‘parachute’ Plan Break

Library Bd. Delays Meeting On CEO’s Fate

Queens Library’s Board of Trustees postponed its meeting last Thursday, June 26, after it was reported they were about to force out the library’s president and CEO-with a big severance package.

The New York Daily News reported that morning that trustees would vote to relieve Thomas W. Galante of his duties and provide him with a nearly $800,000 compensation package to continue serving Queens Library as a consultant.

Galante came under fire earlier this year for collecting a nearly $400,000 annual salary and authorizing a six-figure renovation of his Jamaica office while the library system reduced staff and services due to government funding cuts. Questions also arose as to the library’s selection of private contractors to perform certain serivces.

Gabriel Taussig, who chairs the library’s board of trustees, charged the report was “inaccurate” in a press release issued last Thursday afternoon, claiming it was “a confidential draft of a proposed agreement” provided to members “as the first step in an effort to begin a conversation on the conditions of a possible transition of leadership at the library.”

Taussig blasted unnamed trustees who allegedly leaked word of the supposed deal to the press.

“It is disturbing that there appear to be members of the board who believe that it is acceptable for them to attempt to achieve their goals by disclosing information they know to be confidential and thus breaching one of their fundamental fiduciary responsibilities as trustees,” Taussig charged.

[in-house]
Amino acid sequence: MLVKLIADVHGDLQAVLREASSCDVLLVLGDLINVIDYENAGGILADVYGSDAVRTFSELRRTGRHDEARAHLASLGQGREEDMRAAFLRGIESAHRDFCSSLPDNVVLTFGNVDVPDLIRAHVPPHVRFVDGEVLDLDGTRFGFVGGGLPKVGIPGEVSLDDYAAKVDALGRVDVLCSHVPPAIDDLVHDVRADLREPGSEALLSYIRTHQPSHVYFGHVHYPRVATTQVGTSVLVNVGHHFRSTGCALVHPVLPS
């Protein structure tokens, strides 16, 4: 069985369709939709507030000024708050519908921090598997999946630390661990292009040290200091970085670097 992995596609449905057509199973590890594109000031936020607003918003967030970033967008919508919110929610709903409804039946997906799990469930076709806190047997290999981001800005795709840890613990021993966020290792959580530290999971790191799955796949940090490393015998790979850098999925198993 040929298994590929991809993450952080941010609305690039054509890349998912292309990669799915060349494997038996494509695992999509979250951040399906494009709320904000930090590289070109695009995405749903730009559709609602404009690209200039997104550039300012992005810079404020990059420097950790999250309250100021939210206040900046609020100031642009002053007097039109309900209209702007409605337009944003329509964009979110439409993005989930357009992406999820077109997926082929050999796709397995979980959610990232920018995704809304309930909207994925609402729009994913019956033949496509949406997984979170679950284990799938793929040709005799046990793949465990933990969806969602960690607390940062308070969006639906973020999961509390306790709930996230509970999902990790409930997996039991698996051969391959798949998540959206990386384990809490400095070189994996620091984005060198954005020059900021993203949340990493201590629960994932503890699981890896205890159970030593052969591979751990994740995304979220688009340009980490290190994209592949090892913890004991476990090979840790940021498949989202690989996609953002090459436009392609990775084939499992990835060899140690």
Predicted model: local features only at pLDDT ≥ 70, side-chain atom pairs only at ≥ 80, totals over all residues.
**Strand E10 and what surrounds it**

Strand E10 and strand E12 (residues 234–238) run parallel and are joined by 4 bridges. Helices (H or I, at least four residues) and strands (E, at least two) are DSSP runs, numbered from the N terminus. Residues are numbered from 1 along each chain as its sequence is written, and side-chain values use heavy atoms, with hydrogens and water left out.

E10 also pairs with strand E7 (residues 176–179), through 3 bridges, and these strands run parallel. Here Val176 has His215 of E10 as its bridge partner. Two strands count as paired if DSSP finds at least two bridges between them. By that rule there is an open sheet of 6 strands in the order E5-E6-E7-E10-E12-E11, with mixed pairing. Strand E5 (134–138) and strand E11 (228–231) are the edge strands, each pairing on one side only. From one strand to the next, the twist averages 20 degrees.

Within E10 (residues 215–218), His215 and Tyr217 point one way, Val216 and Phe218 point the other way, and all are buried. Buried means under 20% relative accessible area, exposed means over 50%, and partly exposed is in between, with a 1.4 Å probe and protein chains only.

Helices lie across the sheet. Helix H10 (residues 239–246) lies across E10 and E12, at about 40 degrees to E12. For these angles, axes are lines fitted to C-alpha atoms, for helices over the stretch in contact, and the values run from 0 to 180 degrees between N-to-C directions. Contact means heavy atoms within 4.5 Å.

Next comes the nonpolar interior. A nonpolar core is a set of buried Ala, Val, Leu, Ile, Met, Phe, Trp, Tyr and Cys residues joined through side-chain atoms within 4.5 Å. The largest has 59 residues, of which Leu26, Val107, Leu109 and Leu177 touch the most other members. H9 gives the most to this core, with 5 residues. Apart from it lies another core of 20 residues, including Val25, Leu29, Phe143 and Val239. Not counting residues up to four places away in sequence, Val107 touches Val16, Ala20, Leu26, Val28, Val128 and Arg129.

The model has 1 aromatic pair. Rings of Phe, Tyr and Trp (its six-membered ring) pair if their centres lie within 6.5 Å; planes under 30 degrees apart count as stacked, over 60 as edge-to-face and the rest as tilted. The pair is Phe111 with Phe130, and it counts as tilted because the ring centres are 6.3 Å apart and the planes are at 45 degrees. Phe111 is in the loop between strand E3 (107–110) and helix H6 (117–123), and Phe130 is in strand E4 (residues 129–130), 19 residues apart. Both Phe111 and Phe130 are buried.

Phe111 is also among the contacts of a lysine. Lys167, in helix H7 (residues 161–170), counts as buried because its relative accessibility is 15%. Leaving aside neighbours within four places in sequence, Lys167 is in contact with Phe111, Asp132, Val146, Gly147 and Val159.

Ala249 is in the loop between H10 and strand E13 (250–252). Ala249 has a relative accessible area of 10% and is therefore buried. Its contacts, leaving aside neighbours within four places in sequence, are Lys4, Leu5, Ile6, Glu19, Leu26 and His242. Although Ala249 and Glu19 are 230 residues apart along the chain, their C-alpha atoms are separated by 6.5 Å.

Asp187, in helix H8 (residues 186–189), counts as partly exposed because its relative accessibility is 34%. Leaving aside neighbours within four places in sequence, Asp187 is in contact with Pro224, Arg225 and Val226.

Seven trustees, according to information provided by Queens Borough President Melinda Katz’s office, declared they would not act “in good faith” to negotiate “a new contract with” Galante. The trustees-identified as Michael Rodriguez, Haeda Mihaltses, Ed Sadowsky, Matthew Gorton, Maria Cocolino, Julissa Gutierrez and Judy Bergtraum-stated their intentions in a letter to Taussig last Monday, June 23.

In light of that development, Taussig moved to cancel the meeting, telling The New York Times last Friday it was done after confidentiality about the meeting’s agenda was broken.

Prior to the board ultimately cancelling its meeting last Thursday, Katz ripped the proposal and claimed Queens Library was trying to “beat the clock” on state reform legislation scheduled to take effect in the days ahead.

One piece of legislation included a bill Katz authored with Assemblyman Jeffrion Aubry and State Sen. Michael Gianaris to impose various measures reforming Queens Library’s operations, including giving the mayor and Queens borough president enhanced control over the board of trustees. Gov. Andrew Cuomo signed the bill into law last Thursday, days after it was overwhelmingly approved by the Assembly and State Senate.

Another law, the Non-Profit RevitalizationAct, “would set higher standards that would prohibit Mr. Galante from negotiating his own golden parachute,” Katz charged.

“This is another painful example of how several of the trustees of this board have consistently blocked any sort of good governance or increased oversight reforms,” Katz said. The board of trustees previously deadlocked on an April resolution forcing Galante to take a leave of absence and, in May, agreed to provide City Comptroller Scott Stringer with financial information according to terms in an 1997 agreement between the library and then-City Comptroller Alan Hevesi.

Stringer, seeking full financial disclosure from Queens Library for his audit, filed a lawsuit asking the courts to rescind the 1997 agreement. In addition to the comptroller’s audit, the FBI, the Justice Department and the Department of Investigation have each launched their own inquiries into Queens Library.

A Queens Library representative did not indicate when the trustees would meet again, but noted it would provide public notice once a meeting is scheduled.

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